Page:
As stated above, many advantages and improvements are obtained and achieved when a release liner is made, at least in part, from a fibrillated yarn. In general, the fibrillated yarn causes the resulting fabric to have a coarser and more textured surface than a fabric made using multifilament yarns of the same material. When using a fibrillated yarn, the release liner is believed to have fewer points of contact with the elastomeric material. As a result, a release liner made in part from fibrillated yarn tends to separate more easily from the surface of the elastomeric material and, therefor, is believed to experience less wear. If the fabric does not wear as quickly, then the fabric may last longer than conventional release liners.

In order to illustrate the above described advantages of the present invention, FIGS. 3A and 3B are provided to show a comparison between a prior art release liner 40 (FIG. 3A) and a release liner 42 (FIG. 3B) made in accordance with the present invention. Referring to FIG. 3A, prior art release liner 40 is shown in contact with a sheet 10 of elastomeric material. Release liner 40 made, for instance, from multifilament yarns is generally in close and direct contact with the elastomeric material.

Referring to FIG. 3B, release liner 42, on the other hand, made with a fibrillated yarn in accordance with the present invention, is shown to have less area of contact with sheet 10 of the elastomeric material than release liner 40. By having fewer points of contact with sheet 10, release liner 42 separates more easily from the surface of the elastomeric material. Because there are less points of contact, it is believed release liner 42 will wear less and can be reused more times than conventional fabrics.

The present invention may be better understood with reference to the following example.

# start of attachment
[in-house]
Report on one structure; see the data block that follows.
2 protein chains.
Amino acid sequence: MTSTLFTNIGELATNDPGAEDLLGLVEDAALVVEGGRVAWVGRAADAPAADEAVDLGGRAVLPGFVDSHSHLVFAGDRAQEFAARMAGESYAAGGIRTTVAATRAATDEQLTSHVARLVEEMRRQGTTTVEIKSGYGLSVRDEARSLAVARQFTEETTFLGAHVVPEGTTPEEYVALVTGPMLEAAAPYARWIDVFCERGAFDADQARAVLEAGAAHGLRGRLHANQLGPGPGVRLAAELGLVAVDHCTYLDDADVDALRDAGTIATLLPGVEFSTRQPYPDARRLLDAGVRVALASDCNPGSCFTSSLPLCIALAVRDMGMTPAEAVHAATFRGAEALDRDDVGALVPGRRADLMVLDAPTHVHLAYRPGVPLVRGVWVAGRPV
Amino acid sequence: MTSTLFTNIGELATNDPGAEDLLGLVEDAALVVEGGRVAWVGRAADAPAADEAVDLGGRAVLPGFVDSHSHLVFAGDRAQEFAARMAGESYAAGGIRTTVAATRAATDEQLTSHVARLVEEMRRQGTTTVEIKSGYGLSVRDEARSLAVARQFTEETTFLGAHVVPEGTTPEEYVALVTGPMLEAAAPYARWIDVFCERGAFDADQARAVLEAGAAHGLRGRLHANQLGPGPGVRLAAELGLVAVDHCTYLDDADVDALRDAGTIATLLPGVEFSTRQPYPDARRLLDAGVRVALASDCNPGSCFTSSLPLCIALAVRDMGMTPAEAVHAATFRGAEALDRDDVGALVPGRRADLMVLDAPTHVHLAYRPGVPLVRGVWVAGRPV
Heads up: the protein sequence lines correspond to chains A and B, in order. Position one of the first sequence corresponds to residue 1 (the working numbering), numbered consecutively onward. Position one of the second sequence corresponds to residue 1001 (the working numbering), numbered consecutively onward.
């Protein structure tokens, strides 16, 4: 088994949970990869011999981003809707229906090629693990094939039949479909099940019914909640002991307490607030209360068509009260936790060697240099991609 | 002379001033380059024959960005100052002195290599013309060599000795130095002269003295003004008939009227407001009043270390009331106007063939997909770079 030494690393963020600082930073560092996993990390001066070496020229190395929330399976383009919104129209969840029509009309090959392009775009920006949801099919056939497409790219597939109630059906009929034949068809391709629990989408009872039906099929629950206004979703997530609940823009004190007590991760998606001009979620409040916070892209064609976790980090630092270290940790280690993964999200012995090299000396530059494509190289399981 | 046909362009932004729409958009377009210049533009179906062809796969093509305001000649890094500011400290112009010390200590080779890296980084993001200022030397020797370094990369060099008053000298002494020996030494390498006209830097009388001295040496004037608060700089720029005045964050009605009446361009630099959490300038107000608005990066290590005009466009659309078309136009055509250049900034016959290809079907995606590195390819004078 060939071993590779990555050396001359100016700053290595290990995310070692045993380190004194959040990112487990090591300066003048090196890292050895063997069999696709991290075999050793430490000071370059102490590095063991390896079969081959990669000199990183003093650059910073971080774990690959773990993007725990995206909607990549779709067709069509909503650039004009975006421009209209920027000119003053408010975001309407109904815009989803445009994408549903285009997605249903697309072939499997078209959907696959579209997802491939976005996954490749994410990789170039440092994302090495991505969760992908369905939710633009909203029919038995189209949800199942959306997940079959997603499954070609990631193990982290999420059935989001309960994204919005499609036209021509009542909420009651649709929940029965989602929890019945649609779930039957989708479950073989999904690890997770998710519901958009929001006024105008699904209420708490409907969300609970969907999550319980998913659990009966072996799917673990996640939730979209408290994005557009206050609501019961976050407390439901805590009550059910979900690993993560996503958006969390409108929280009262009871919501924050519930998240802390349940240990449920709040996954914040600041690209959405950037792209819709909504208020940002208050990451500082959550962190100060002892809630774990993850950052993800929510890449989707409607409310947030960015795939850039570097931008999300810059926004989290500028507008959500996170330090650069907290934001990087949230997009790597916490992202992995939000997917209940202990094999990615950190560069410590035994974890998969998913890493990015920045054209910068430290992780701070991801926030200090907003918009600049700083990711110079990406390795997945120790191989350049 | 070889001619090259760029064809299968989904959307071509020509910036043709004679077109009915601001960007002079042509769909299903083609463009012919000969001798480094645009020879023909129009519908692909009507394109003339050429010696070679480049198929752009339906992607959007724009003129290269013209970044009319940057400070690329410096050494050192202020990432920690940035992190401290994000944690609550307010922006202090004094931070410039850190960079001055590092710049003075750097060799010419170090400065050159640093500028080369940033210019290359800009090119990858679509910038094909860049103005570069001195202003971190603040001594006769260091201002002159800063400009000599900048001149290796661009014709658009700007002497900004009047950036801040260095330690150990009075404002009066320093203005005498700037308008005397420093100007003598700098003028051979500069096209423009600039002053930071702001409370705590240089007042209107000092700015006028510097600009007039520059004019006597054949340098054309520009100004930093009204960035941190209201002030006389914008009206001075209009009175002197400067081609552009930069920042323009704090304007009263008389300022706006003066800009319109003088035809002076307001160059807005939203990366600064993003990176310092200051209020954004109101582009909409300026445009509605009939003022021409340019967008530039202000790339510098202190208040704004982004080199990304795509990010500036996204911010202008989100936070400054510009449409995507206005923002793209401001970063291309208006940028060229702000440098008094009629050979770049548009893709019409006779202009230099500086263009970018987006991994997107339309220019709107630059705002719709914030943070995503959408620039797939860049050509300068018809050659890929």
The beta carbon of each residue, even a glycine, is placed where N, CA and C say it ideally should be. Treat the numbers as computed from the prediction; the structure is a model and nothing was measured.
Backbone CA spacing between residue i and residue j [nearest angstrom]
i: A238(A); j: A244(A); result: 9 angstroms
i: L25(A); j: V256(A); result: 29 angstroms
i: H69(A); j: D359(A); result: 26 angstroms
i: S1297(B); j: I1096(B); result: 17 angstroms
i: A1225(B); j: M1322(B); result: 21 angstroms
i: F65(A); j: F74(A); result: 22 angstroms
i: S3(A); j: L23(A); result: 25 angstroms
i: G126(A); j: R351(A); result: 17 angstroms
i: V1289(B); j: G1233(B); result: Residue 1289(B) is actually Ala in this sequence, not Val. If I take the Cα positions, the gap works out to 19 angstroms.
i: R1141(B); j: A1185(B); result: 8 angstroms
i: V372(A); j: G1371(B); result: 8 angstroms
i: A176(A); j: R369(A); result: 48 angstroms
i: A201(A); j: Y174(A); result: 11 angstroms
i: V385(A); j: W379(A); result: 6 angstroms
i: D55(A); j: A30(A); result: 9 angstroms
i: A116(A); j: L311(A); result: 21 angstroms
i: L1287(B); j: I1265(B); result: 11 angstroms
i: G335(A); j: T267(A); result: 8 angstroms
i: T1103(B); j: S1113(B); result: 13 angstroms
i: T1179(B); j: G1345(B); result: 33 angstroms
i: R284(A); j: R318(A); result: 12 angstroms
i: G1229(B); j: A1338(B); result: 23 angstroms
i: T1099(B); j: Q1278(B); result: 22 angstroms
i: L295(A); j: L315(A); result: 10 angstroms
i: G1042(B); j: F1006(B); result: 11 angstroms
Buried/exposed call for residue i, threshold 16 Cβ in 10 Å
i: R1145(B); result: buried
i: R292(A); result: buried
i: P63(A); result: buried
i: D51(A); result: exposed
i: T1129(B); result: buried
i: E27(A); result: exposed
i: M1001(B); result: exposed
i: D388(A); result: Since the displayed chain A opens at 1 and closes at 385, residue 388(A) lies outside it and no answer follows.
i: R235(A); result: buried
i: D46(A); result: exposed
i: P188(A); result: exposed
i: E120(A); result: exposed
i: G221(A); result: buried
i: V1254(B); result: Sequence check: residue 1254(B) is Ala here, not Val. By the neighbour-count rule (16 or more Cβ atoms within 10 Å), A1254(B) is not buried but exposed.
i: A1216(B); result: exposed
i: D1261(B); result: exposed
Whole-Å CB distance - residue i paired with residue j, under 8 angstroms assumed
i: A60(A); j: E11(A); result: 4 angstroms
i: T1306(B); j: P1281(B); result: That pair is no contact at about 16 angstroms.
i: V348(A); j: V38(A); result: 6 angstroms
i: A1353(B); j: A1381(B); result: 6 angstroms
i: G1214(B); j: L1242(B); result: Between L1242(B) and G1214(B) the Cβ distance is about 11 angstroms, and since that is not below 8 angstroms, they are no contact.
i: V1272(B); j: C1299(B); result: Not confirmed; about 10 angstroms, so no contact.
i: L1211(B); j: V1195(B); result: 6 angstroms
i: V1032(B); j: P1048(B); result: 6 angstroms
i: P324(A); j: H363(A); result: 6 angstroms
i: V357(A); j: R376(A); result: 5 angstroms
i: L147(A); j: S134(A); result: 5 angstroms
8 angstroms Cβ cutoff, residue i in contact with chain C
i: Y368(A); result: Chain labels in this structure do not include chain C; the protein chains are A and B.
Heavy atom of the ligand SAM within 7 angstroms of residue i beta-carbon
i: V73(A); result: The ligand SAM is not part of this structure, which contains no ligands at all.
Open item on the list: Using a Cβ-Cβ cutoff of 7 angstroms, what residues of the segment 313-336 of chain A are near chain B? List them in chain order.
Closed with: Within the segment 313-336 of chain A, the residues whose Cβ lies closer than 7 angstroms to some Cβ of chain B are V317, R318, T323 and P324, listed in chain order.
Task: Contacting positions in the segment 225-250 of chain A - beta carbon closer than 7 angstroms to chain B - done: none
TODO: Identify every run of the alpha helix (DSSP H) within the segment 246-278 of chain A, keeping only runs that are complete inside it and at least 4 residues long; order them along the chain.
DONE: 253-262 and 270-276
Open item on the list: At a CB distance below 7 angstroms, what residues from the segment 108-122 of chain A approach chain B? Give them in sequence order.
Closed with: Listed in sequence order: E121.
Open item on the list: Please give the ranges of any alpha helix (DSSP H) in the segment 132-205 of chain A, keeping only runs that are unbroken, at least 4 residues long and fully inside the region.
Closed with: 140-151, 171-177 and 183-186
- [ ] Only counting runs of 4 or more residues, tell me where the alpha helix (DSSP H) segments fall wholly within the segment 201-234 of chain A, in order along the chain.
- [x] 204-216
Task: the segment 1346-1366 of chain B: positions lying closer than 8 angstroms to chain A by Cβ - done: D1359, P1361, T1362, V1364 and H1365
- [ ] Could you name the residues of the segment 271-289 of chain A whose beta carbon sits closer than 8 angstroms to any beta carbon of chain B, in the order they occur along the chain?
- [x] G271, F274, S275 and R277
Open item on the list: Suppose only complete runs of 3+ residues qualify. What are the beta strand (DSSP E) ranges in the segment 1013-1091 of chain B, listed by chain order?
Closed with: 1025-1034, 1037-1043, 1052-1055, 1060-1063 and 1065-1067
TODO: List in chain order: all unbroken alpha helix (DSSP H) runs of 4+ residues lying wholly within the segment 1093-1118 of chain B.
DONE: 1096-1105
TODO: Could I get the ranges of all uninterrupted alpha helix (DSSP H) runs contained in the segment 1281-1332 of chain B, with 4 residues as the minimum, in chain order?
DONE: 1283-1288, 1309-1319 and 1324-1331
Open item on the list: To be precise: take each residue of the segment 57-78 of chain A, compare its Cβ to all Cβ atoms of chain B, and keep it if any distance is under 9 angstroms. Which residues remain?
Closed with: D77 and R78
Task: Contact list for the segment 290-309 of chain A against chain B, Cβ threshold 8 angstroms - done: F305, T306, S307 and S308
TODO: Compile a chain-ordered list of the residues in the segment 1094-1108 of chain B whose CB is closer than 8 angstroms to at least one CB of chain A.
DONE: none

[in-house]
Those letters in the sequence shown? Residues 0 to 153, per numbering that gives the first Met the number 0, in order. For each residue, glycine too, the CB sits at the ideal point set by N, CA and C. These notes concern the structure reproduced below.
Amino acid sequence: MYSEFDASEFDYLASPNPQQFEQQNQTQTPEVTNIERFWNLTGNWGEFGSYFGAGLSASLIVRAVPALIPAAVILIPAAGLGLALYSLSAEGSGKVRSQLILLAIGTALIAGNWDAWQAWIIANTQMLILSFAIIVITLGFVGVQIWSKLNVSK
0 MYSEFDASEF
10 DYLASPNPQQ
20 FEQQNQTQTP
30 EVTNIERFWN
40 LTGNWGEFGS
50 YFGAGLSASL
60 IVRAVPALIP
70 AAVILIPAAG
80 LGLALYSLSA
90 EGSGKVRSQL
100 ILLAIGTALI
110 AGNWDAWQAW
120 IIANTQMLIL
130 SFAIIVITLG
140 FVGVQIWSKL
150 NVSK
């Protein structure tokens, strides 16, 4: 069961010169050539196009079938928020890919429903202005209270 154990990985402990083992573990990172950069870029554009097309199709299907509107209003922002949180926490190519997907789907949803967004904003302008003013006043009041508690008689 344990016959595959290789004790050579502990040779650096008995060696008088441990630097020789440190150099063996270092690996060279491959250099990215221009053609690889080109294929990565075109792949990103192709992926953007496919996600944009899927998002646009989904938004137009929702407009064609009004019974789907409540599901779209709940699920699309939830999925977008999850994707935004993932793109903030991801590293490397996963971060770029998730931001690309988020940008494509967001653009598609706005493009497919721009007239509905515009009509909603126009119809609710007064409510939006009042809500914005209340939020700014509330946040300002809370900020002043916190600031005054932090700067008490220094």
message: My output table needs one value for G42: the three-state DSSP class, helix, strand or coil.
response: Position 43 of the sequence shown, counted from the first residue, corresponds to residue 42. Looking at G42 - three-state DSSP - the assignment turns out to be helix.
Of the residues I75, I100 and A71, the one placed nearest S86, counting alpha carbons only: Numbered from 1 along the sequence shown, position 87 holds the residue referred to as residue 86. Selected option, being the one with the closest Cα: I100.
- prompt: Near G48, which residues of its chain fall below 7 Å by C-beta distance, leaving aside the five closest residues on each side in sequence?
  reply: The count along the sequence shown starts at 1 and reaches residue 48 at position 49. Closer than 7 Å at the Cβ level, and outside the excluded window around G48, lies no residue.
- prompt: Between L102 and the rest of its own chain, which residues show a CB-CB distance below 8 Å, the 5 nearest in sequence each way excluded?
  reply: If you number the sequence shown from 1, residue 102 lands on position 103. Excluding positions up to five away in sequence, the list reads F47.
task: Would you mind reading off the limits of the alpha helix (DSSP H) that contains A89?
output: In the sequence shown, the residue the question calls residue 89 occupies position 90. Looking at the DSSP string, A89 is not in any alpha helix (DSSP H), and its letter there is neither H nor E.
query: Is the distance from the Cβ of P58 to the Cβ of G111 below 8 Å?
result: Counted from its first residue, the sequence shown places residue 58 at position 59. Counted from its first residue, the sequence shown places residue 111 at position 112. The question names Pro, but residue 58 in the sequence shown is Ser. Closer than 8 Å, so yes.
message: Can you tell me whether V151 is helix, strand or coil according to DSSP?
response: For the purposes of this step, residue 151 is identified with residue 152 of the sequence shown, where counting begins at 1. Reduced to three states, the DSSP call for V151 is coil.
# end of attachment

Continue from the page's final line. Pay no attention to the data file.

EXAMPLE 1

A release liner adapted to separate adjacent layers of an elastomeric material made in accordance with the present invention was constructed as follows. The fibrillated yarn used in the release liner, which was constructed from an interconnected network of fibrillated filaments as exemplified by FIG. 5, was obtained from Synthetic Industries of Chattanooga, Tenn.

A woven fabric to be used as a release liner was made using a 600 denier fibrillated yarn as the warp yarn and a 410 denier monofilament yarn as the fill yarn. Both yarns were made from polypropylene. The fibrillated yarn was twisted three times per inch in the Z direction. After being woven, scoured and heat set, the fabric had a width of approximately 63 inches. The fabric had 39 ends per inch and 34 picks per inch. The fabric weighed approximately 62 pounds per 100 yards.

The above described fabric was tested as a release liner and found to easily separate from an elastomeric material once applied between adjacent layers.

These and other modifications and variations to the present invention may be practiced by those of ordinary skill in the art, without departing from the spirit and scope of the present invention, which is more particularly set forth in the appended claims. In addition, it should be understood that aspects of the various embodiments may be interchanged both in whole or in part. Furthermore, those of ordinary skill in the art will appreciate that the foregoing description is by way of example only, and is not intended to limit the invention so further described in such appended claims.

Patent Citations
Cited PatentFiling datePublication dateApplicantTitle
US2633440 *May 27, 1950Mar 31, 1953William M SchollDouble-face adhesive tape and protective cover therefor
US3152921 *Jun 27, 1961Oct 13, 1964Rohm & HaasMasking paper having a rugose coating of rubber latex
US4017654 *Feb 6, 1976Apr 12, 1977The Goodyear Tire & Rubber CompanyCured rubber article and method of preparation
US4091135 *May 12, 1977May 23, 1978Tajima Roofing Co., Ltd.Laminated bituminous roofing membrane
US4761320 *Mar 11, 1987Aug 2, 1988Coburn Jr Joseph WSubstrate with plastic film layer on each side; release coating; embossed other side layer
Non-Patent Citations
Reference
1 *Manufacturing Specification for a release liner fabric by JPS Automotive L. P. (1 page), Sep. 22, 1995.
Referenced by
Citing PatentFiling datePublication dateApplicantTitle
US6644395Oct 19, 2000Nov 11, 2003Parker-Hannifin CorporationThermal interface material having a zone-coated release linear
US6935420 *Jun 16, 2004Aug 30, 2005Hon Hai Precision Ind. Co., Ltd.Heat dissipation assembly
US6945312 *Dec 20, 2002Sep 20, 2005Saint-Gobain Performance Plastics Corporationtape for providing thermal contact between an energy generating device and an energy dissipating device where the tape includes a tab for facilitating the handling thereof; heat sinks
US7879420Apr 25, 2008Feb 1, 2011Loparex LlcMulti-layered liner, a multi-layered product which includes the release liner and a method for making the release liner
WO2004009346A1 *Jul 18, 2002Jan 29, 2004Hannu KaasalainenA manufacturing substrate and a method for forming it
Classifications
U.S. Classification442/260, 442/293
International ClassificationB32B25/10
Cooperative ClassificationB32B25/10
European ClassificationB32B25/10